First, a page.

It was a chilly November afternoon in a southern town so small it never made it to a map. I was in the bedroom typing when I heard the noise and then my mother’s scream. She somehow appeared at the door with her hand over her bloody abdomen and whispered, “Get the doctor, she shot me.”
I ran past my grandmother who was sitting calmly on her four poster bed with her dead husband’s pistol in her grip. I heard a second shot, I recognized the sound of a gun now. I looked over my shoulder toward my grandmother and saw a small red ball spiraling toward me. As I ran for help clutching my blood drenched arm,. By nightfall, my grandmother was in a state mental institution, my mother was in a funeral parlor and I was in a hospital.
Fifty years later, I crouch when vehicles backfire, close my eyes at sudden bright lights and avoid fireworks as if they were a deadly contagion. The pebbly, penny sized scar on my arm where the bullet entered is a constant reminder of that day, of that calling card.
We were abandoned by our father, our family and our community. My two younger sisters and I remained in that cavernous eighteen room house until they finished high school. We remained a source of perpetual gossip, learning the lonely after effects of gunfire. One sister became a casualty decades later when the rejection and isolation gave her to drugs that destroyed her body and her mind.
Now I am in the eighth decade of my life. In all of these years, I have never touched or held a gun but it left its calling card at my door again. My husband of fifty years suffered from diseases that affected his motor skills and his intellectual capacity. As a retired college professor, he found these infirmities untenable. He went for his morning walk with his rollalator on a beautiful fall New England day. He took out a gift he had received from his brother-in-law forty years before, and put it to his forehead to end his suffering. That day I learned that you can still breathe even when something takes your breath away and that your heart still beats even when it is broken.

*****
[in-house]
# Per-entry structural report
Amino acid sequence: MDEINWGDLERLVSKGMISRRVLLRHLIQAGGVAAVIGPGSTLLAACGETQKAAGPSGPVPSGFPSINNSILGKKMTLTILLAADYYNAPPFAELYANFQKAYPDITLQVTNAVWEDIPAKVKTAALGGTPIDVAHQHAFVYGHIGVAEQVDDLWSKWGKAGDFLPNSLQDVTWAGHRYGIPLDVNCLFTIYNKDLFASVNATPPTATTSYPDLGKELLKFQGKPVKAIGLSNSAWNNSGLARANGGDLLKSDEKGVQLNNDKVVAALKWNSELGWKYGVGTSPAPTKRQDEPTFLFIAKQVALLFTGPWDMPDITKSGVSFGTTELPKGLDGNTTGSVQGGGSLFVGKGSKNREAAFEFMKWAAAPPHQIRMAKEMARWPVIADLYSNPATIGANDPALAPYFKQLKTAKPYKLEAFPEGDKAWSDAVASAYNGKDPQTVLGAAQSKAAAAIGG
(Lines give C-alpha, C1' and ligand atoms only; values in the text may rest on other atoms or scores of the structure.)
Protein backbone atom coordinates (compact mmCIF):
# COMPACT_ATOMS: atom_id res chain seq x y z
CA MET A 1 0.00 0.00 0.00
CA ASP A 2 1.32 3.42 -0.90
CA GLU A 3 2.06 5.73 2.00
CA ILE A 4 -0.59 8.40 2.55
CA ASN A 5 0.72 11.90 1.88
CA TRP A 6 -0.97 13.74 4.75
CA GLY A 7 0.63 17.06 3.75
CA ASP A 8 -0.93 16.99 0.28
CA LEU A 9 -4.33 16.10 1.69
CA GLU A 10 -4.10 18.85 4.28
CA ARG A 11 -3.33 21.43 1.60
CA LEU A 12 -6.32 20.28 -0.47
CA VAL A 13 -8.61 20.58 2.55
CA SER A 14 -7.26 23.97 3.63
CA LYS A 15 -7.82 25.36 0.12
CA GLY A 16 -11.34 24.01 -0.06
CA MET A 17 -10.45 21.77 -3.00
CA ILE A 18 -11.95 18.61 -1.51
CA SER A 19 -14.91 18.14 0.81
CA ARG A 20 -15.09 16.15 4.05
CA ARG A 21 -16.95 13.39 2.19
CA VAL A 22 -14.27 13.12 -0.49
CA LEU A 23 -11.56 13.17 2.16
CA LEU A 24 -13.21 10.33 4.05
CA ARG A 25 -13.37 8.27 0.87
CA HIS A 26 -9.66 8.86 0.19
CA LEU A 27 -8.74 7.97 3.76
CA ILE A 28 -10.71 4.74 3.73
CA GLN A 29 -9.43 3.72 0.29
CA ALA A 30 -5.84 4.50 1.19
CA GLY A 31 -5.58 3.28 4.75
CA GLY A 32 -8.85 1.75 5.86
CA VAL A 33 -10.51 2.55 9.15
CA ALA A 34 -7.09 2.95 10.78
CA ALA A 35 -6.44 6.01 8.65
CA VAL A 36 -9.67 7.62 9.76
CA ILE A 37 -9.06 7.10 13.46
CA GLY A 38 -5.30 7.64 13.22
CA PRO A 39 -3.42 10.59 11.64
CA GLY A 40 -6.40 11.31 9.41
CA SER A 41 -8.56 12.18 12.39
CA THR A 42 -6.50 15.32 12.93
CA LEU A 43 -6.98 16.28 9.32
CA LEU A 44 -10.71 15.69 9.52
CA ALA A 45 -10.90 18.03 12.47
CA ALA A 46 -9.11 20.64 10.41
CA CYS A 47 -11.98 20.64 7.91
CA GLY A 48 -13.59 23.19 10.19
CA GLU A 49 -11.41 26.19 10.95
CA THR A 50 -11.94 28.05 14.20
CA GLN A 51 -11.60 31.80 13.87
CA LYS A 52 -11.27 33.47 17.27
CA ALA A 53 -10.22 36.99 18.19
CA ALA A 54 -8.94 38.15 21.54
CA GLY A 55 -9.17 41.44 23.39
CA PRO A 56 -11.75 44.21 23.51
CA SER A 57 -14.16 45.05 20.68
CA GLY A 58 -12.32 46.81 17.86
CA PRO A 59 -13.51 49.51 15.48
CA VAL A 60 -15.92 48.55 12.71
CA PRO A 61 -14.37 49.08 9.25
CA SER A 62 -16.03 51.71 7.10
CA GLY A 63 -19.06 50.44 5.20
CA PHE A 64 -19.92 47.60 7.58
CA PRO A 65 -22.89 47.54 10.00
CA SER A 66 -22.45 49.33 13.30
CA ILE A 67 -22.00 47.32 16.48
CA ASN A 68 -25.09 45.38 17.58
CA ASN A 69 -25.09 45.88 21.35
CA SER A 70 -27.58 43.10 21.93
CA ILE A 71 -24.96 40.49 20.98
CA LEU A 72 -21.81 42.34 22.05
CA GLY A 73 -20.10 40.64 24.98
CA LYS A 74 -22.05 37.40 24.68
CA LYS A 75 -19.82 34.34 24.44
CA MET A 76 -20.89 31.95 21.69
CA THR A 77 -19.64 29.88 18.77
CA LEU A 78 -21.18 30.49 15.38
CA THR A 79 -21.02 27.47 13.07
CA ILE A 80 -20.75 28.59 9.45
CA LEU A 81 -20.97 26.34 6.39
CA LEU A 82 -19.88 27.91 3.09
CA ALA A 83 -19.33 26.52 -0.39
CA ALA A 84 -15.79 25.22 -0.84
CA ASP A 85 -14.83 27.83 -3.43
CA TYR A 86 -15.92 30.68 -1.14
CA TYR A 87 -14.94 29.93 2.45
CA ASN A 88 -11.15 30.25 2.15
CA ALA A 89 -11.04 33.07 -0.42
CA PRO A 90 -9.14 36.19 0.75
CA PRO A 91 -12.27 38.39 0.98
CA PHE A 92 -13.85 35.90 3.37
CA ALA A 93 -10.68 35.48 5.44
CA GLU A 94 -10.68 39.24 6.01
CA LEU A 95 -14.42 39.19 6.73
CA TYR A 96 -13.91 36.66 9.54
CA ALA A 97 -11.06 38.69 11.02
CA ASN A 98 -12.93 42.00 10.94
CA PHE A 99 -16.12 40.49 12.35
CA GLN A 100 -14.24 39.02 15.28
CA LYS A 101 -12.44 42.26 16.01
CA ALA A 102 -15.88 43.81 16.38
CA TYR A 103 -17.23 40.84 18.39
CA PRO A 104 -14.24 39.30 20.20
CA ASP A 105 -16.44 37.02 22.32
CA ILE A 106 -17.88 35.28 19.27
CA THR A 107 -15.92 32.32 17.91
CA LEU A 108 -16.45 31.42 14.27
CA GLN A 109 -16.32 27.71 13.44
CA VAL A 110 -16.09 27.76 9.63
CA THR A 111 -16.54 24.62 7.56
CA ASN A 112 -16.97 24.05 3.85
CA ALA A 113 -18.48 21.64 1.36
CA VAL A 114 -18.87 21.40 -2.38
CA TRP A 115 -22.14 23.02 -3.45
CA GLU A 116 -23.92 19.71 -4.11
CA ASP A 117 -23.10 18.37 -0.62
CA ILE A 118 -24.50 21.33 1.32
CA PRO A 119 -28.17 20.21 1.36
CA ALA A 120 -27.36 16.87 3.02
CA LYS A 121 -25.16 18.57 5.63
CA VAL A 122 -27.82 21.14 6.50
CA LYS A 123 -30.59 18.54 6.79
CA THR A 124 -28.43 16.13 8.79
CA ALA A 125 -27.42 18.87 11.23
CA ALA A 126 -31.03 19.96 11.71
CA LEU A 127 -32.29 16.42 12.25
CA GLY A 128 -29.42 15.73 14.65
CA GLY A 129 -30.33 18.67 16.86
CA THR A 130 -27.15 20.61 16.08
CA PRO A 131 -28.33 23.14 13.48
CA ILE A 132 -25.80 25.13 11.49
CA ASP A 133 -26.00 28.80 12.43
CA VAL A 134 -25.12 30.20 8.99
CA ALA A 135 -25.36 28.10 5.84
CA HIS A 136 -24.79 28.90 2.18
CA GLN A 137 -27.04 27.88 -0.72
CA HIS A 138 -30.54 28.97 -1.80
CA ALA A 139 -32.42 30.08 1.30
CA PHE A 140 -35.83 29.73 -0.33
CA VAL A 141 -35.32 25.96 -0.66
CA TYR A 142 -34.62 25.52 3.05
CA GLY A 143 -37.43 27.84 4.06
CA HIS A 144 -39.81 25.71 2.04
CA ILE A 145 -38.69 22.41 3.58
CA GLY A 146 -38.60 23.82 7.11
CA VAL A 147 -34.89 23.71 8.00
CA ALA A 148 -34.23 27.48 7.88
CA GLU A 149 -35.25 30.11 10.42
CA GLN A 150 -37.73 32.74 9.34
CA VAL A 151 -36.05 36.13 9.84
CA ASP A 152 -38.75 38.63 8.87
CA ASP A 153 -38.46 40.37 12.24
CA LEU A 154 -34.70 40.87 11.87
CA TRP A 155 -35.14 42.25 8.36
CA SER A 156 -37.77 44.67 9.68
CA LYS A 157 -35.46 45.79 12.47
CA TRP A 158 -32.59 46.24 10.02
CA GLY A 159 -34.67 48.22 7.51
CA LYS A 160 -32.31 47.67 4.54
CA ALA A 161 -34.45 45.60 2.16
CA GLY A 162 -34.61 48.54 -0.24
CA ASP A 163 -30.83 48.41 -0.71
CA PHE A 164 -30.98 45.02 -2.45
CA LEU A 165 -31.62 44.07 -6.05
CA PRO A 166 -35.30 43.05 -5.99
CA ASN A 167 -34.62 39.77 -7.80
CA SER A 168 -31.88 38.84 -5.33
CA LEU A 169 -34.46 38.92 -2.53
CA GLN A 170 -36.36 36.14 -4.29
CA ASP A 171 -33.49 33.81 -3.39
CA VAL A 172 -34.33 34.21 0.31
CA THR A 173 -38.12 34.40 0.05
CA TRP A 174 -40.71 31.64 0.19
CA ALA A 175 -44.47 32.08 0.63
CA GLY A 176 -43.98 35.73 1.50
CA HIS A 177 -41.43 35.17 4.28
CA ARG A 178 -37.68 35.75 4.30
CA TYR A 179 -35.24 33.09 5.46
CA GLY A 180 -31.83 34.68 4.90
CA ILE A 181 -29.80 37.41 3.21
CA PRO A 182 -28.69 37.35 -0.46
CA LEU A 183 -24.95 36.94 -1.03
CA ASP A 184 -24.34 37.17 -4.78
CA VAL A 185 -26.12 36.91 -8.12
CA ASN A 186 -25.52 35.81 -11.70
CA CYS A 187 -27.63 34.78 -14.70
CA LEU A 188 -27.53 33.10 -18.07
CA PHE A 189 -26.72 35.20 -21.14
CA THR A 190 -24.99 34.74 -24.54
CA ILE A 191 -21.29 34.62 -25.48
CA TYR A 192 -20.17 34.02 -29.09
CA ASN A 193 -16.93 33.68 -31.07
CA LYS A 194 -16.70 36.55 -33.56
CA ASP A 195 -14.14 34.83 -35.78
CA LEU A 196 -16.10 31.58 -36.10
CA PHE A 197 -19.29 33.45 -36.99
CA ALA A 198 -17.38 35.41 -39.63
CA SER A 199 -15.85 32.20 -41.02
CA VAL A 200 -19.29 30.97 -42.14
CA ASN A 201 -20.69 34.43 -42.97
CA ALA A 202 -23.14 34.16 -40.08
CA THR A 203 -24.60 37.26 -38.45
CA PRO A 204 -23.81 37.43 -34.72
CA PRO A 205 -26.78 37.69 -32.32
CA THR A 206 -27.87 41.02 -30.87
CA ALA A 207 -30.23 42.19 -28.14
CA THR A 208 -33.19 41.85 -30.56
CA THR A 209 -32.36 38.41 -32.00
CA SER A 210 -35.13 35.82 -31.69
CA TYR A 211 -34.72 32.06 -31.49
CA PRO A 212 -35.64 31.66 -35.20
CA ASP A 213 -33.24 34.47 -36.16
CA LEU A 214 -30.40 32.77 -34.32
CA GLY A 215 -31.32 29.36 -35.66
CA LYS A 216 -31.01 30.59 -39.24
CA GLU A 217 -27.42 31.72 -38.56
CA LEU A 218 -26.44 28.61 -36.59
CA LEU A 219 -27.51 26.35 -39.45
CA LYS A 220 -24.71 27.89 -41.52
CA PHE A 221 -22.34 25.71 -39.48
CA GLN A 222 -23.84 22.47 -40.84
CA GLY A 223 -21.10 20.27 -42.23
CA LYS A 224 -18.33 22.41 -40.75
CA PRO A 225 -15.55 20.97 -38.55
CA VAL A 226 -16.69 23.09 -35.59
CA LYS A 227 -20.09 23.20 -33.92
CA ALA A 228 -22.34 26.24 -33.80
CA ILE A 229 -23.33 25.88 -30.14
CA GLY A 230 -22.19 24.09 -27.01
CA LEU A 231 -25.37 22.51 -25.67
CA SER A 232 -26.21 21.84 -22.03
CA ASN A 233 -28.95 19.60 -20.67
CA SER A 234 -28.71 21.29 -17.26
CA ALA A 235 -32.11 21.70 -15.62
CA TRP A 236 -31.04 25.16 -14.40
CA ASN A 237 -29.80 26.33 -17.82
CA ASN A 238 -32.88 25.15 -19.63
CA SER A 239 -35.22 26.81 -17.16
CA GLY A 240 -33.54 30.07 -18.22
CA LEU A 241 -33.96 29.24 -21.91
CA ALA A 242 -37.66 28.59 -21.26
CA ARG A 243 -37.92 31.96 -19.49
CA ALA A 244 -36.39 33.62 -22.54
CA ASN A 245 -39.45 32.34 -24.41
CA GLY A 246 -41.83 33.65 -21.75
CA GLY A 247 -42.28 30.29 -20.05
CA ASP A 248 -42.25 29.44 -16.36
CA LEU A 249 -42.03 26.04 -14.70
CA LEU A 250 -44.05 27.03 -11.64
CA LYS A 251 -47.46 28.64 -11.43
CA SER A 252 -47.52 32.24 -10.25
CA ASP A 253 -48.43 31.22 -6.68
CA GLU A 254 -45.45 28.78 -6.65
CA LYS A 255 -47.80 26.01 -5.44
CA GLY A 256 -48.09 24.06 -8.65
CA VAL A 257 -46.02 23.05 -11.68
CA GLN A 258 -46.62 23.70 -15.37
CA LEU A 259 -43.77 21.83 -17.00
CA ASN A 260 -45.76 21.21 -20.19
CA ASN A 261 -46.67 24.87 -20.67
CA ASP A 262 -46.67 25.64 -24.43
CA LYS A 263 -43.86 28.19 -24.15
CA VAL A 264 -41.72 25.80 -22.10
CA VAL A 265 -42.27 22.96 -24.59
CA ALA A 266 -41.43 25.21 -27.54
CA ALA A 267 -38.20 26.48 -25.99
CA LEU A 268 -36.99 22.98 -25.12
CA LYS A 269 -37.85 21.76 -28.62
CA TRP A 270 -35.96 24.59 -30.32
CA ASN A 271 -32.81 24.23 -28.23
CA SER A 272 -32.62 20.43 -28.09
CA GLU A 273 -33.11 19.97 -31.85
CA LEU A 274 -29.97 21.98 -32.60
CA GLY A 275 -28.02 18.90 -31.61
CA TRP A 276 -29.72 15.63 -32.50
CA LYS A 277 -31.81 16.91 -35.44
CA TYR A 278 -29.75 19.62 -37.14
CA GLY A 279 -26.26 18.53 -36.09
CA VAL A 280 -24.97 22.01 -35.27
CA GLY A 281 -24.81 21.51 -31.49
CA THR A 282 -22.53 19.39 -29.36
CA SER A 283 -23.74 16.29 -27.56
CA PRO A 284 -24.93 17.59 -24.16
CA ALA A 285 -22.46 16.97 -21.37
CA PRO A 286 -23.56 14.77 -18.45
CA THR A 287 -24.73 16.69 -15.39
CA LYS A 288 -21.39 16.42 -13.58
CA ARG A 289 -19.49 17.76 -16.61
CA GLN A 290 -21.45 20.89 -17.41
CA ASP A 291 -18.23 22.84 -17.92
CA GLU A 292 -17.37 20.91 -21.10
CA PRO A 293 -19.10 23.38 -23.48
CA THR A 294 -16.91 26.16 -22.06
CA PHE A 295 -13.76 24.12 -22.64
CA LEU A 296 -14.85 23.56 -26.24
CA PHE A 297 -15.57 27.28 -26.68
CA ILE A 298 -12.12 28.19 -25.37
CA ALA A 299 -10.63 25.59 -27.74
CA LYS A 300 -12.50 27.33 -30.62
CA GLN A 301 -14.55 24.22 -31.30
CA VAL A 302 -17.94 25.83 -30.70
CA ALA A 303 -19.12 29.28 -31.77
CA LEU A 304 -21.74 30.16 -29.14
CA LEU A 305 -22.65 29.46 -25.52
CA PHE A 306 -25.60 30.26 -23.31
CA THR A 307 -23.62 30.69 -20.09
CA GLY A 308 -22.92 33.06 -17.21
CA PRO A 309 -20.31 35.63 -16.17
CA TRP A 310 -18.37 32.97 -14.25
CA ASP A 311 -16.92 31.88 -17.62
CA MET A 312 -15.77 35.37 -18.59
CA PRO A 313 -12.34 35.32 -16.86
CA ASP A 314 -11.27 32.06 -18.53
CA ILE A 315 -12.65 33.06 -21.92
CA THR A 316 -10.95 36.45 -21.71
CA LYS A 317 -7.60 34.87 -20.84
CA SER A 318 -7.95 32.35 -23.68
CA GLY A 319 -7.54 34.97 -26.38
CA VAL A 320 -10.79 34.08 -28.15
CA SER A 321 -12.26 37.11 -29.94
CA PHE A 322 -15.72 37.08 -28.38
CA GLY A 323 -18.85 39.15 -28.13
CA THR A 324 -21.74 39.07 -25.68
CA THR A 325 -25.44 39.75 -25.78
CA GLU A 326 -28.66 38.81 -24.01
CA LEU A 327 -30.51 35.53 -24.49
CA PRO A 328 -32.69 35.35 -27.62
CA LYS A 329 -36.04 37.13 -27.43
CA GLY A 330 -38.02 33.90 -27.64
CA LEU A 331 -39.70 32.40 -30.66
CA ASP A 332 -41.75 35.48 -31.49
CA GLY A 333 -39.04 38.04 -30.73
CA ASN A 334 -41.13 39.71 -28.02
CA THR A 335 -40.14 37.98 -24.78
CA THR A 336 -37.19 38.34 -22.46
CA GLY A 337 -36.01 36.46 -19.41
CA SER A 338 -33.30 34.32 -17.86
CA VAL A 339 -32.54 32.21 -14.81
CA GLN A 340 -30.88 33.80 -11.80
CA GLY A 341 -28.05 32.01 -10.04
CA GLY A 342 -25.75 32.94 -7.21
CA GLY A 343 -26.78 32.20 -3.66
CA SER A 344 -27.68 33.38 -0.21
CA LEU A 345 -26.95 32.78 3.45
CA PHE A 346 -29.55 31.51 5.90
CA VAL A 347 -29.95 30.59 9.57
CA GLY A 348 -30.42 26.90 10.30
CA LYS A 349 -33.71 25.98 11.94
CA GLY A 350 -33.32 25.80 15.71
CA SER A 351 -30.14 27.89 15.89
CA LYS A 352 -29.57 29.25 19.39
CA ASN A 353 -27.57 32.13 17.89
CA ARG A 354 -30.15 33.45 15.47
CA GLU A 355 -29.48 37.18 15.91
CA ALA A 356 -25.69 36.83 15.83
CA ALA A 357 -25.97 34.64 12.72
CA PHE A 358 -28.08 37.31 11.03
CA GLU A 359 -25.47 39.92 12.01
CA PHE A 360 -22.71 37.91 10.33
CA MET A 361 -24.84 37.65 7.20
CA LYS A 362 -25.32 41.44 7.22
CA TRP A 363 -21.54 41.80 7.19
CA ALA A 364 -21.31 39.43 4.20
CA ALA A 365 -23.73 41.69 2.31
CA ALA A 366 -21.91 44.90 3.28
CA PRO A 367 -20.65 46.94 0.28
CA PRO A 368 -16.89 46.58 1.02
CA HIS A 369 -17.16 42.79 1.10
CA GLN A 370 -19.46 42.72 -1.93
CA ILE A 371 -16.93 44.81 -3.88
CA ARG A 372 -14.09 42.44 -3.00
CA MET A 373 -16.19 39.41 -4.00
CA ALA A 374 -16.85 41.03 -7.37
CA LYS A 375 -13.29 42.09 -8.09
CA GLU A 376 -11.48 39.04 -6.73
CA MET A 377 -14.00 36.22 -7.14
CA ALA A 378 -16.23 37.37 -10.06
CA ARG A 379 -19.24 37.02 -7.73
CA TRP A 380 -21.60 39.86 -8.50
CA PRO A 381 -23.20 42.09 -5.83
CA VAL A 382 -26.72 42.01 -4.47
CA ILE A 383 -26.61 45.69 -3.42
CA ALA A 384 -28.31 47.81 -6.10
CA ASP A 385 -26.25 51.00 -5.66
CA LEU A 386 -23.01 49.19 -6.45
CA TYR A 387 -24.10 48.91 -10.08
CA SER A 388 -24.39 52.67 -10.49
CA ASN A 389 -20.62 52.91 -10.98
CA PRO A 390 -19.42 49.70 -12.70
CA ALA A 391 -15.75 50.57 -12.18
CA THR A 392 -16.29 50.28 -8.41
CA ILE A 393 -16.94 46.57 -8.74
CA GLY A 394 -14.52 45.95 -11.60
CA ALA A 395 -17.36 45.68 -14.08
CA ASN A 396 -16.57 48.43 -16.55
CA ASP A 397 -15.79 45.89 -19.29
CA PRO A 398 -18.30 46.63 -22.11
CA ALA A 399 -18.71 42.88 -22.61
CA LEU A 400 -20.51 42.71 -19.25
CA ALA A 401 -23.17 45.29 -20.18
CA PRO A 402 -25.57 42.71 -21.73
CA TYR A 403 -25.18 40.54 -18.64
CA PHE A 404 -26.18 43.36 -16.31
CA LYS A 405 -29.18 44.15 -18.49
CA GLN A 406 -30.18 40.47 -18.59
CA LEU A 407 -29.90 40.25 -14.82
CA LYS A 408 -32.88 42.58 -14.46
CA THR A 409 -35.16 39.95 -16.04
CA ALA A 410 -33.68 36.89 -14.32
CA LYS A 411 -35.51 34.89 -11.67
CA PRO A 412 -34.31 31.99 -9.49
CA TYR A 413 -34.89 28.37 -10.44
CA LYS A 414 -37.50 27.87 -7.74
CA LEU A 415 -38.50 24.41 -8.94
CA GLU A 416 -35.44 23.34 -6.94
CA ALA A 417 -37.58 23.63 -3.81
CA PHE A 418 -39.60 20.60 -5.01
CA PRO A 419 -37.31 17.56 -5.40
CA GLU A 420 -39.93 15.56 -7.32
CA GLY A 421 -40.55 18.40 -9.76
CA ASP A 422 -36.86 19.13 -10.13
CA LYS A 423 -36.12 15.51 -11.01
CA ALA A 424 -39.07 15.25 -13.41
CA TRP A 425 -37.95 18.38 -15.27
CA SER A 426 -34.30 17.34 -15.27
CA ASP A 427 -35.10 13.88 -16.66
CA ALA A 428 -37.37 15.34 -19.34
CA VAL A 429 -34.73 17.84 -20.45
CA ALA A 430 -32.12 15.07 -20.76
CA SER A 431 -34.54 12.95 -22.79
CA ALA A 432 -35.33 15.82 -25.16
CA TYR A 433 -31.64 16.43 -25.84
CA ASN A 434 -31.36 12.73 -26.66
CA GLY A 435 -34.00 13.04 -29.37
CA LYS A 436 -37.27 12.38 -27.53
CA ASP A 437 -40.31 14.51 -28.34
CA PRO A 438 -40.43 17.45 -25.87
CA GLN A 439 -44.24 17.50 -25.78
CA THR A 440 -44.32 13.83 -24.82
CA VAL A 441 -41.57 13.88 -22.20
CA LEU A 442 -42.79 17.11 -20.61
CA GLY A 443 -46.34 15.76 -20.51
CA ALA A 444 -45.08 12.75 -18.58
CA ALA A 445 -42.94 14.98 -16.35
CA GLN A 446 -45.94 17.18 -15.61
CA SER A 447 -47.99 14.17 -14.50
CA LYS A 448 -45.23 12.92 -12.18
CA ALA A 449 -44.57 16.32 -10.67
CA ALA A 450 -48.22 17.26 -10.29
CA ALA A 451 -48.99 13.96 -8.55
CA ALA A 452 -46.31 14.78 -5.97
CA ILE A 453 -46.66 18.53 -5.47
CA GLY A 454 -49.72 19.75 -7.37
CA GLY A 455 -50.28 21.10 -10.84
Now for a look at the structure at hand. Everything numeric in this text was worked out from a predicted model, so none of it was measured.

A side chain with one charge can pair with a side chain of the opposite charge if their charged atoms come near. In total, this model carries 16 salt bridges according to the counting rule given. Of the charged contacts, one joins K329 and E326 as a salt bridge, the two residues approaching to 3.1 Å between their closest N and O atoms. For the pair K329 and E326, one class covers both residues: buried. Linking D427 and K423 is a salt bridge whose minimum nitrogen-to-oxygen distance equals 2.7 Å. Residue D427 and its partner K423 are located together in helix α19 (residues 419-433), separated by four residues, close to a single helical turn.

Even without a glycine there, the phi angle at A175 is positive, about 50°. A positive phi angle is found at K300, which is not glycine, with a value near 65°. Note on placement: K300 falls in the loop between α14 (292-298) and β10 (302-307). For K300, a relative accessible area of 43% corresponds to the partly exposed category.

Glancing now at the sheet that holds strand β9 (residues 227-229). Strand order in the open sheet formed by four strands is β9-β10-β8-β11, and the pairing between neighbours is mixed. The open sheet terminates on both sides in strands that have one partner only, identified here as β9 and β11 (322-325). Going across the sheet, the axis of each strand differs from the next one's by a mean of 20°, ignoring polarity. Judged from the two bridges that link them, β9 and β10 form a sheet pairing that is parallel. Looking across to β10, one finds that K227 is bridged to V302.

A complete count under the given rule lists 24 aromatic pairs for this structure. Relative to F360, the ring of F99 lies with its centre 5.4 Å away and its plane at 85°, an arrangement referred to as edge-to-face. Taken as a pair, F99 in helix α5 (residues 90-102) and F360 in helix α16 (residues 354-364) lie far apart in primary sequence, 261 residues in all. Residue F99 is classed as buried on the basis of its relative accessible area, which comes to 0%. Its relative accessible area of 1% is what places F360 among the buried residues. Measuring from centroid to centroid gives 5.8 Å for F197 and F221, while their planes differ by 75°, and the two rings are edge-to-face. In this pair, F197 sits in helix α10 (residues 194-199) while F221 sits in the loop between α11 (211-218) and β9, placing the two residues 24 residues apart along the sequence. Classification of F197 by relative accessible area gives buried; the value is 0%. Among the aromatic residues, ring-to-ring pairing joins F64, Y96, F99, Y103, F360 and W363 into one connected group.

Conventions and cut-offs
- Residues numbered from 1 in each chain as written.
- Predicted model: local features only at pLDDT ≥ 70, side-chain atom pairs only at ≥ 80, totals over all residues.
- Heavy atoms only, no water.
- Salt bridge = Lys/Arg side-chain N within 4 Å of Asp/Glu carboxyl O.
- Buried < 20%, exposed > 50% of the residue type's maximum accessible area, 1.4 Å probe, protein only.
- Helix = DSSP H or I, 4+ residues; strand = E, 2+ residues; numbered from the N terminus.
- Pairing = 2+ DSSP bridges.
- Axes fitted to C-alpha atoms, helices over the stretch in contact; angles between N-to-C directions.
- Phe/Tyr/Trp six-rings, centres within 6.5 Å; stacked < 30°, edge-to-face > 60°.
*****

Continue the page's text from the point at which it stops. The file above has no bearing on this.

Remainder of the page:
Meeting Death through needless loss is akin to having a door slammed in your face. Try as you might to kick down the door, it will remain closed. Death is finite. It leaves behind few who truly grieve and are inconsolable, many who express grief with one sentence in a card, and those who celebrate it with a passion for evil and a calling card.
These deaths left unrelenting voids in my life and I have never reconciled the losses. Now I am moving along what I perceive to be a slow march to death. Please God, raise the speed limit and let it be soon. Please let it end unaccompanied by the sounds of another calling card. Let this nightmare end in peace.
Mary Luce grew up in a small town in Kentucky. For the past four decades, she has lived in New England where her focus has been on her family and her professional career as an educator. Now retired, she is adjusting to life as a widow. She has twice been impacted by gun violence and trusts that her story will provide insight to others about the damage of and recovery from the collateral damage of gun violence.